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Wipe To

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What is Wipe To in Screenwriting?

WIPE TO is a type of transition used in screenwriting and film editing. It is a simple but effective way to switch from one shot to another by moving or “wiping” from one side of the screen to another.

This transition can be compared to using a squeegee to wipe away one scene and reveal the next. WIPE TO is typically used to show a shift in time or place within a screenplay, indicating that there has been a change in location or time frame.

However, it’s important to note that WIPE TO transitions are considered outdated and are rarely used in modern screenplays.

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How WIPE TO is Used in Film

WIPE TO is a type of transition used in film to move from one shot to another by “wiping” the first shot away and revealing the next. It can be used to show a shift in time or place within a screenplay.

WIPE TOs are less commonly used now, but they were popular in older films like Star Wars. The transition is achieved by physically moving the camera frame or using editing techniques to create the wiping effect.

Overall, WIPE TOs help filmmakers tell their stories visually and add variety to their scenes.

Tips for Using WIPE TO Effectively

Use WIPE TO to indicate a clear shift in time, place, or perspective within your screenplay. Format it as “WIPE TO:” followed by a concise description of the new scene. Avoid overusing WIPE TO and make sure it enhances the storytelling rather than becoming a distracting visual effect.

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When to Use WIPE TO

WIPE TO should be used in a screenplay when you want to show a shift or change in time or place. It is an effective way to transition between scenes and can help the reader understand that something new is happening.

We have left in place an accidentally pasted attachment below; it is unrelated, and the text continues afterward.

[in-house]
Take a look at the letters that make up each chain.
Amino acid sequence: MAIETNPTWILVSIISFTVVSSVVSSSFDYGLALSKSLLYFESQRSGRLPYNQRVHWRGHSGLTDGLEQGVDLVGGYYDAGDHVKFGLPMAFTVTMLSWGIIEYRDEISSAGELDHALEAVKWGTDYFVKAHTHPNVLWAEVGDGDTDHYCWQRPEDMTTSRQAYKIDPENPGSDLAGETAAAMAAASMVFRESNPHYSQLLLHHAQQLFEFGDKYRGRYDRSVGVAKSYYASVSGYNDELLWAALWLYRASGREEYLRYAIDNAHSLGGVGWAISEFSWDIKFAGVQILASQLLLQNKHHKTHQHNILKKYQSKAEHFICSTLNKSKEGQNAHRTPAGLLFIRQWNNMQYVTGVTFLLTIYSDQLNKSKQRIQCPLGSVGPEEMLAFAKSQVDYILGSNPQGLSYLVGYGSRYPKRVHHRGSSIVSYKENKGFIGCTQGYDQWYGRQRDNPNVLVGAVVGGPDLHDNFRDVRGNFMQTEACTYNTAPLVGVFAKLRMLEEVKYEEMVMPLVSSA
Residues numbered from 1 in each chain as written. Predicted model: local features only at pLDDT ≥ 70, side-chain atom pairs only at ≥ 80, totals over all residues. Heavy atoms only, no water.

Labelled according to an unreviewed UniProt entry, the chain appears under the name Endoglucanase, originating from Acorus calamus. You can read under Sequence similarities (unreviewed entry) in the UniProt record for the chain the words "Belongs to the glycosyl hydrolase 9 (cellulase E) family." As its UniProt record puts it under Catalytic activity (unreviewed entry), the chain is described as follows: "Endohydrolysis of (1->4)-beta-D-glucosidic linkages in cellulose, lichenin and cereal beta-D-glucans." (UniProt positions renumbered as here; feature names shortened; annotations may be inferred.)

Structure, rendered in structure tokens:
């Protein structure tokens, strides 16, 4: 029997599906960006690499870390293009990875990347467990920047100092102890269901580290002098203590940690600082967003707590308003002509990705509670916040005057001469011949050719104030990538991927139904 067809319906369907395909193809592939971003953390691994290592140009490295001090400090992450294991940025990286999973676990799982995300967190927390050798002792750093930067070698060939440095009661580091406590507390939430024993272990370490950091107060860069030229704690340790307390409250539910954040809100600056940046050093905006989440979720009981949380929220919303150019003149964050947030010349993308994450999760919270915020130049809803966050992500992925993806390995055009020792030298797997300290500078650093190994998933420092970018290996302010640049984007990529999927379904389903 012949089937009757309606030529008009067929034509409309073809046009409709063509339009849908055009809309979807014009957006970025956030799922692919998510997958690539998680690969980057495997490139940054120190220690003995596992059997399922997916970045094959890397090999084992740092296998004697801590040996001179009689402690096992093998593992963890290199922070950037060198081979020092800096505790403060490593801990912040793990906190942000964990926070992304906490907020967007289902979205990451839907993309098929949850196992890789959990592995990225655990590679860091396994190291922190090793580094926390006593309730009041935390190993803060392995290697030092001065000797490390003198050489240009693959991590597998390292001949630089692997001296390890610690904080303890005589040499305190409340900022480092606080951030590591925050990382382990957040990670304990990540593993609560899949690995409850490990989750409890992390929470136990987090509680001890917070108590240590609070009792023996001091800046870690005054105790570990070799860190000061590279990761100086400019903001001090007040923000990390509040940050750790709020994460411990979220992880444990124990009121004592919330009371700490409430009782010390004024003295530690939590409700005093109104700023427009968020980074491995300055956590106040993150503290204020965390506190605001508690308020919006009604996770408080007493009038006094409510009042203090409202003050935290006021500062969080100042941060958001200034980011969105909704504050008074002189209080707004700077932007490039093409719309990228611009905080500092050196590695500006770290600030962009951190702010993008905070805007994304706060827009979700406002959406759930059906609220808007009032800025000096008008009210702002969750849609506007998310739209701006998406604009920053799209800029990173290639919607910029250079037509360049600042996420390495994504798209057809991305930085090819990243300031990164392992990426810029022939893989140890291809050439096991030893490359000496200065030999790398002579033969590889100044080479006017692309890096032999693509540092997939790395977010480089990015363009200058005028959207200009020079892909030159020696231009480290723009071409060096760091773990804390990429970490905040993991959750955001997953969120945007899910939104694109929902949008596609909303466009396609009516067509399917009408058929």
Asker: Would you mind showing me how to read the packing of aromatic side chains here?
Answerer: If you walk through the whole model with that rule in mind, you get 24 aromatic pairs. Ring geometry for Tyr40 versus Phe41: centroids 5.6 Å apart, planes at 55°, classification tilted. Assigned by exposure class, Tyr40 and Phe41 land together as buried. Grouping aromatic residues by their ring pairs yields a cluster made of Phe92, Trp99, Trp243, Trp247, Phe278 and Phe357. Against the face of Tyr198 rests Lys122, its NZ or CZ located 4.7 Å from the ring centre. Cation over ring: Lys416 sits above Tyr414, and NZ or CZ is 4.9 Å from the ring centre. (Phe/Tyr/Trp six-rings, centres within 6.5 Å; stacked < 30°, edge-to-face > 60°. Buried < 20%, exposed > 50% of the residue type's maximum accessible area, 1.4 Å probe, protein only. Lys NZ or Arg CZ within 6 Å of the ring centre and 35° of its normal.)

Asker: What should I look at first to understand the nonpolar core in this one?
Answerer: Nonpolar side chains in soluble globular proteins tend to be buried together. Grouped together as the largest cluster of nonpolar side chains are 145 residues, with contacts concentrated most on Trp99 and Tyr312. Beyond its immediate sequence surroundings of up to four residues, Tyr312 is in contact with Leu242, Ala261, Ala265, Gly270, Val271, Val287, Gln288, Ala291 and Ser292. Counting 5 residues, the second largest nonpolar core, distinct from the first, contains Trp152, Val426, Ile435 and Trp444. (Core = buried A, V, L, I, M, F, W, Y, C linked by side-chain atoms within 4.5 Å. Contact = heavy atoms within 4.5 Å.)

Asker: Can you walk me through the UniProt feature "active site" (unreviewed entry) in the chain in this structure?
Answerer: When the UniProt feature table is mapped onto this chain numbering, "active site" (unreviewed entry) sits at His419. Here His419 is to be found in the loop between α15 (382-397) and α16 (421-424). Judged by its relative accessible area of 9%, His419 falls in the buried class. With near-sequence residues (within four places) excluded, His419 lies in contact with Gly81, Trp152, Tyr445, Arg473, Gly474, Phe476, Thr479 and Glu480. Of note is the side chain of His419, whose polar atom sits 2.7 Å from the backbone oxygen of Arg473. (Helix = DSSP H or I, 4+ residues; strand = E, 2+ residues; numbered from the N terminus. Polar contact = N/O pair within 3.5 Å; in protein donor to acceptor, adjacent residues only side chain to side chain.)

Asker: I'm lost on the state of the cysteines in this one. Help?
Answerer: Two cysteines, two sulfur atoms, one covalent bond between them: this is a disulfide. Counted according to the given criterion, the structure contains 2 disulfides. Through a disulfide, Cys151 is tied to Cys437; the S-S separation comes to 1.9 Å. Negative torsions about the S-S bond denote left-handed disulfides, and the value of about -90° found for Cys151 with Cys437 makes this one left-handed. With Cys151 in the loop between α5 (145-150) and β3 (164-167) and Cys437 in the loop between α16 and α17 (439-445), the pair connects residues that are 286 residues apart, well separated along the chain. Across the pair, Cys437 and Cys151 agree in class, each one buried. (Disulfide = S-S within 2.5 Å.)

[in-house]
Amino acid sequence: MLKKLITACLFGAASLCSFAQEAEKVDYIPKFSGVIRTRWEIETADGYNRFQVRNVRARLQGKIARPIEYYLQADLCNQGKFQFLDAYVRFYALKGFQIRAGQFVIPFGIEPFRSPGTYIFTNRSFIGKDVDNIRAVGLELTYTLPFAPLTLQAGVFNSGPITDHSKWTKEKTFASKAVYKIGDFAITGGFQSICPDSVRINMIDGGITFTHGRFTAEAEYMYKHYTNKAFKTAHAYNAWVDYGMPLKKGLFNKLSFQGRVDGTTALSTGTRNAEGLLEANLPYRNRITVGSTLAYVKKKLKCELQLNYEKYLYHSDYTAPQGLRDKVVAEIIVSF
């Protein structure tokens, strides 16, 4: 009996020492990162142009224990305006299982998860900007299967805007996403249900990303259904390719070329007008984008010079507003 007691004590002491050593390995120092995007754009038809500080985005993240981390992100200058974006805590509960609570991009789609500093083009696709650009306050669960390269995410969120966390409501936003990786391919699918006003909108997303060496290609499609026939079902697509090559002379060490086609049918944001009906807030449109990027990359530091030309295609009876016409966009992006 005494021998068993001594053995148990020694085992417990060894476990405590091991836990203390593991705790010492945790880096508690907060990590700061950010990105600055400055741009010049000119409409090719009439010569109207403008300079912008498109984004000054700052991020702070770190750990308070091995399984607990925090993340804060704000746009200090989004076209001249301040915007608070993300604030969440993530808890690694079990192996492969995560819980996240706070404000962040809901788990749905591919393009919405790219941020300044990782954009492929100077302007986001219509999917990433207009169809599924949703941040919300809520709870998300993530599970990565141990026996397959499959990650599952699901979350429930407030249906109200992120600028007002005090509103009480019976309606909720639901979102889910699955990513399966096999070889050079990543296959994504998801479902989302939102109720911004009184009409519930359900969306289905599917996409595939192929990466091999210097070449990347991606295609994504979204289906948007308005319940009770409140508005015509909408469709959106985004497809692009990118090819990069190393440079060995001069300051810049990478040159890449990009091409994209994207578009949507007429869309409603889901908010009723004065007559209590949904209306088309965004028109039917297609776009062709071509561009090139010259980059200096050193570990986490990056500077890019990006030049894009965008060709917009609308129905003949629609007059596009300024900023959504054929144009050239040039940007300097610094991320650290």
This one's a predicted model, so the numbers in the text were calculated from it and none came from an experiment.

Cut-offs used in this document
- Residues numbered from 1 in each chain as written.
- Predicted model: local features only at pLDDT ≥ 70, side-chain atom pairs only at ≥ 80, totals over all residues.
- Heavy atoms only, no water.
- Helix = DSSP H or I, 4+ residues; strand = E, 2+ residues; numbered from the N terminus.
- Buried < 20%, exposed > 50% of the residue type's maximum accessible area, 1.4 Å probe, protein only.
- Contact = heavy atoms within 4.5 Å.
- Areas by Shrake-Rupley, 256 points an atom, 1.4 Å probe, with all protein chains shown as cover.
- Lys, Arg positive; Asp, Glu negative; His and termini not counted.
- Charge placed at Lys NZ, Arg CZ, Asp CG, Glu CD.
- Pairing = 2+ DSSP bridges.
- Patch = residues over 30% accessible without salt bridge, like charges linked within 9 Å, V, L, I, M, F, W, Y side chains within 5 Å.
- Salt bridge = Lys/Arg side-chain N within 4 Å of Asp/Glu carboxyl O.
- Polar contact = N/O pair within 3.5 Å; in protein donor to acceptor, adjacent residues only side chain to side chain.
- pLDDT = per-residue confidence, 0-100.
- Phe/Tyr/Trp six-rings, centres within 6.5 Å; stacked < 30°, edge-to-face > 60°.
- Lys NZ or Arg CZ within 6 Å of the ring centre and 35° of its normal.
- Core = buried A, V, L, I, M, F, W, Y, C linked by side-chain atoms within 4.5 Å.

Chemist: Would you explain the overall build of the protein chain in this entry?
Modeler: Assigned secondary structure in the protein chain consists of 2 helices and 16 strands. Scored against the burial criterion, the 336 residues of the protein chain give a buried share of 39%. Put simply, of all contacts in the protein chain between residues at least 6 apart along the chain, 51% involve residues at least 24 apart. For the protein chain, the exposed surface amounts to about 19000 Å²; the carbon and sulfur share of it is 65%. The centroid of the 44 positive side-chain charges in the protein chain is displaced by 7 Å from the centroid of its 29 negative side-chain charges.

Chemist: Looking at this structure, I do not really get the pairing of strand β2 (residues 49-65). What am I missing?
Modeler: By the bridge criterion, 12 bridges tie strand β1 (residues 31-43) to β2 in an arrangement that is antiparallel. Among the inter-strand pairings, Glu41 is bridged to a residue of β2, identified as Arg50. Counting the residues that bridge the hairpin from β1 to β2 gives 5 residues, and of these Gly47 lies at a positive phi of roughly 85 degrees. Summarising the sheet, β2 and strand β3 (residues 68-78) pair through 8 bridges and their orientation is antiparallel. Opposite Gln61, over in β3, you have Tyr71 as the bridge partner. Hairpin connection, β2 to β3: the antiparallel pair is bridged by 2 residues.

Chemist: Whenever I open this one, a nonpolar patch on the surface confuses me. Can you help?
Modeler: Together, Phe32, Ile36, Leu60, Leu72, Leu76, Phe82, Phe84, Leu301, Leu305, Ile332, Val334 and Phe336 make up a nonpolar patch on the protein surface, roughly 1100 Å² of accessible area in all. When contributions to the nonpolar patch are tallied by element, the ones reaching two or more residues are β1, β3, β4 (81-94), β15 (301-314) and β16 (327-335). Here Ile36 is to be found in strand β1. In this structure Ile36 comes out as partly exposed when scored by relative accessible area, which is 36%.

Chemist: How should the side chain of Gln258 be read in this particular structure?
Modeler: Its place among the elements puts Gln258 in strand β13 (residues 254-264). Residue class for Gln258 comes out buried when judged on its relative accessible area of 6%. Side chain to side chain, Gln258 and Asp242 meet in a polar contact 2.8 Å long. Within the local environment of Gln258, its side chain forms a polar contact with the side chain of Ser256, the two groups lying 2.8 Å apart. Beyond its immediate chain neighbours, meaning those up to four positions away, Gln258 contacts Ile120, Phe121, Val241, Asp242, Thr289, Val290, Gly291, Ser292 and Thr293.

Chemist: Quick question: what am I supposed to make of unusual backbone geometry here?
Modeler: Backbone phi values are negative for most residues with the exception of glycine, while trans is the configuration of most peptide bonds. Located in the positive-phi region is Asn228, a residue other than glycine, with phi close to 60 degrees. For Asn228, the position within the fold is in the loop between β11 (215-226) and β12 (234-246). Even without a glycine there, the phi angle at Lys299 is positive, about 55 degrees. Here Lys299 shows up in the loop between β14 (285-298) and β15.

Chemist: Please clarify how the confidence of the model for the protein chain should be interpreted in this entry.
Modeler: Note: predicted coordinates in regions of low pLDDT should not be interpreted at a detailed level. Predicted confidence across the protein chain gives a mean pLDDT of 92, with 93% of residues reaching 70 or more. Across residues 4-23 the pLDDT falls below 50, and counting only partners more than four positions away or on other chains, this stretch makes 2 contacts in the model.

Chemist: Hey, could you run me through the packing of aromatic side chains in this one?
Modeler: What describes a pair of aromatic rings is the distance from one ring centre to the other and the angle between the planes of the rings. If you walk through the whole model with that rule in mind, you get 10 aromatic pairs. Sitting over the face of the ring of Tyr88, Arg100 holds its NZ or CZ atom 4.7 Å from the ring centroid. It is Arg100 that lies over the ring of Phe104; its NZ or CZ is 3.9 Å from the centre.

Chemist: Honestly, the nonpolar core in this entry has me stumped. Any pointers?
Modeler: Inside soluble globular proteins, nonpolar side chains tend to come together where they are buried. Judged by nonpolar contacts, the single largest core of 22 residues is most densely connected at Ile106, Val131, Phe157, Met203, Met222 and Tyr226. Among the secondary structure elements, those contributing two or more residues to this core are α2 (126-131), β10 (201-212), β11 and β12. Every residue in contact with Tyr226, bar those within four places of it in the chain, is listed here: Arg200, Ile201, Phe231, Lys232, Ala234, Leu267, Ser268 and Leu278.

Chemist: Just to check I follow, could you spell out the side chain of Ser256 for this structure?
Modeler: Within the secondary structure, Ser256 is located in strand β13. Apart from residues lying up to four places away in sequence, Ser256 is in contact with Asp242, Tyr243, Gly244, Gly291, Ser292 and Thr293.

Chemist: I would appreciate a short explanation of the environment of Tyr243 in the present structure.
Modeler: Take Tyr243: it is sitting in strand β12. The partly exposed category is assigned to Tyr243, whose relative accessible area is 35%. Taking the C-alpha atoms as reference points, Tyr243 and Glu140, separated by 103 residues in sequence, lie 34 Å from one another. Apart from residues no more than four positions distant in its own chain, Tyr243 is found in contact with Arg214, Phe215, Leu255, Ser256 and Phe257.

For example, if your story jumps from a day at school to an evening at home, you can use WIPE TO to smoothly move the audience’s focus from one location to another. Just remember that while WIPE TO can be useful, it is considered outdated and should be used sparingly in modern screenplays.

How to Format WIPE TO in a Script

To format a WIPE TO transition in a script, follow these steps:

  1. Use the term “WIPE TO” capitalized and aligned right on its own line.
  2. Place it either at the end of one scene or at the beginning of the next scene.
  3. If using it between scenes, insert a blank line before and after the “WIPE TO” transition to separate it from other scene headings.
  4. Indicate the type of wipe you want by describing it in parentheses after “WIPE TO.” For example, “(left to right)” or “(vertical bar).”
  5. Be consistent with formatting throughout your script.
  6. Remember that wipe transitions are considered outdated, so use them sparingly.

Common Mistakes to Avoid with WIPE TO

  1. Using wipe transitions excessively in a screenplay can make it feel outdated and distract the reader from the story.
  2. Not considering the context and purpose of using a wipe transition can make it appear forced or unnecessary in a scene.
  3. Failing to format the wipe transition in the script properly can lead to confusion for the reader and production team.
  4. Overusing wipe transitions to signify time or place shifts can become repetitive and diminish their impact.
  5. Neglecting to explore other, more modern transition options can limit the visual storytelling possibilities of a screenplay.


WIPE TO is a type of transition used in screenwriting and film editing. It involves moving or “wiping” from one shot to another, denoting a shift in time or place. While WIPE TOs and other similar transitions are considered outdated, they were once popular and can still be seen in older films like Star Wars.

Understanding different types of transitions, including WIPE TO, is important for aspiring screenwriters to enhance their storytelling skills.


What does WIPE TO mean in screenwriting?

WIPE TO is a transition effect used in screenwriting. It helps to shift from one scene to the next in the screenplay.

How do I use WIPE TO as part of my screenwriting techniques?

In screenplay formatting, you can use WIPE TO as a visual tool for storytelling when moving between scenes.

Are there other types of transitions in screenwriting besides WIPE TO?

Yes, there are many transition effects like FADE IN, FADE OUT, and CROSSCUTTING that you can use for scene transitions in your screenplay.

Does using WIPE TO fall under montage or intercutting?

While it’s not totally defined as either montage or intercutting, it is possible to use WIPE TO during montages or intercuts to offer smooth and dynamic story flow.